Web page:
The article, by a reporter for the InterPress Service, also notes that the homes being built are actually shared apartments: two families sharing each two-bedroom apartment.
The article offers a sensitive portrayal of the complicated passions and position of the Nubians, Kibera's original residents, who have voiced some of the most vocal resistance to the UN's so-called upgrading project.
The Nubians were originally from North Africa and were conscripted into service in the British colonial armed forces. Ultimately settled in this valley on what was then the outskirts of Nairobi, documentary evidence suggests that the British government promised them title to at least some of the land on which they were living.
From the article:
The Nubian community has resisted moving into the new apartments and instead vowed to stay put in the informal structures until government gives them adequate compensation; the community is the most well-established in Kibera, with many families renting accommodation to other residents.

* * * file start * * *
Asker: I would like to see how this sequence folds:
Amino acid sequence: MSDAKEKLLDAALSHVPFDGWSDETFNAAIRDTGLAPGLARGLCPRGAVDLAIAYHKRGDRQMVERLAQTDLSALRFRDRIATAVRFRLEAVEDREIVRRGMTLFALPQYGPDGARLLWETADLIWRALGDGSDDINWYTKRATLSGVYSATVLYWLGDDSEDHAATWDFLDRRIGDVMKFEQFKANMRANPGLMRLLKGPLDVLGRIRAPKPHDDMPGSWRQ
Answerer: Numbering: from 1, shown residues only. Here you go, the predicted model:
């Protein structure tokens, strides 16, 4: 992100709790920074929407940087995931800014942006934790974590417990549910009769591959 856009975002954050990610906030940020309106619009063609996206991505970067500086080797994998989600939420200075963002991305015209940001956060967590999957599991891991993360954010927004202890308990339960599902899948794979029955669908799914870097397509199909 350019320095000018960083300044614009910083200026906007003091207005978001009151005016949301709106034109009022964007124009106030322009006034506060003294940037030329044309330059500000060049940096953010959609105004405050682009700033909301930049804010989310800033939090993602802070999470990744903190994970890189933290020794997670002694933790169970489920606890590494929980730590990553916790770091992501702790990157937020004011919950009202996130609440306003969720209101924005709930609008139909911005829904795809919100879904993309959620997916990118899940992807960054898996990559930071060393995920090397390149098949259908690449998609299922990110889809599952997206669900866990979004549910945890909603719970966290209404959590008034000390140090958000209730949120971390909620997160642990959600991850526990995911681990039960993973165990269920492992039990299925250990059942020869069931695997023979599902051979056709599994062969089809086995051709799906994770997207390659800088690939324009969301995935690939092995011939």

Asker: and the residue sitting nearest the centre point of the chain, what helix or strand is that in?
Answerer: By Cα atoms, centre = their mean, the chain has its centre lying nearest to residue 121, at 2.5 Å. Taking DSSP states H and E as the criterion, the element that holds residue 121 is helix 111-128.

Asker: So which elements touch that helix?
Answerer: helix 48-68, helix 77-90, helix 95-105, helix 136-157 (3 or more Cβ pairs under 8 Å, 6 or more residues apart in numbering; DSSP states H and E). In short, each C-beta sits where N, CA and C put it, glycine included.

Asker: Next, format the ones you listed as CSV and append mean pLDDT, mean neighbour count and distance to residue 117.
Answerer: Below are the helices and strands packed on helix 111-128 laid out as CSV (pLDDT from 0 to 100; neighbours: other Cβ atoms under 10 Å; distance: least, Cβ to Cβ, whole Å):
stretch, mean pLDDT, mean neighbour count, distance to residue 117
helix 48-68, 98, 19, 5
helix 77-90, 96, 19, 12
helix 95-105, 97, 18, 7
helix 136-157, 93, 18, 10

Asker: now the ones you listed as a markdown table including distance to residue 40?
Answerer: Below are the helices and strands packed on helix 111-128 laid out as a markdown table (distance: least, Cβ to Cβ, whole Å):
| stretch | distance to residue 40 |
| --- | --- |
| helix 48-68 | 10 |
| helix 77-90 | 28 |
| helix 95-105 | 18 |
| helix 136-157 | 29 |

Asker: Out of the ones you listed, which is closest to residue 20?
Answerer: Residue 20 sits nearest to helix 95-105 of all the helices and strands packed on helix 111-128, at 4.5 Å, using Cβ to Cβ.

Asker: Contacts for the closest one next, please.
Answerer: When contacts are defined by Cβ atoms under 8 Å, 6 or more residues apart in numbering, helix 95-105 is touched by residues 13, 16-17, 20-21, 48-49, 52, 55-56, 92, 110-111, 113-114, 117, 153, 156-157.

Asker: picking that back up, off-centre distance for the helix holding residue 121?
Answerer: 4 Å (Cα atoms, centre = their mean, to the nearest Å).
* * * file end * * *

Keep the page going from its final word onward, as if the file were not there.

The Nubian community says they have never been consulted about the upgrade.
Yusuf Diab, secretary general of the Nubian Council of Elders, argues that the government and donors came into their community with a "know-it-all" approach and assumed all residents of Kibera live on less than a dollar a day and will eternally depend on handouts.
"We may live in this informal structures but that does not mean we do not have finances. We as a community stick to our culture of generations living together in one house. But this does not mean we are poor.
"If you come into our homes we have all the facilities that affluent people have and despite being informal we have enough room to accommodate our large families," he says.
He wonders how a household of up to five generations is expected to reside in one room sharing the toilet, bathroom and kitchen area with another family.
"This plan would turn us into government tenants for the rest of our lives."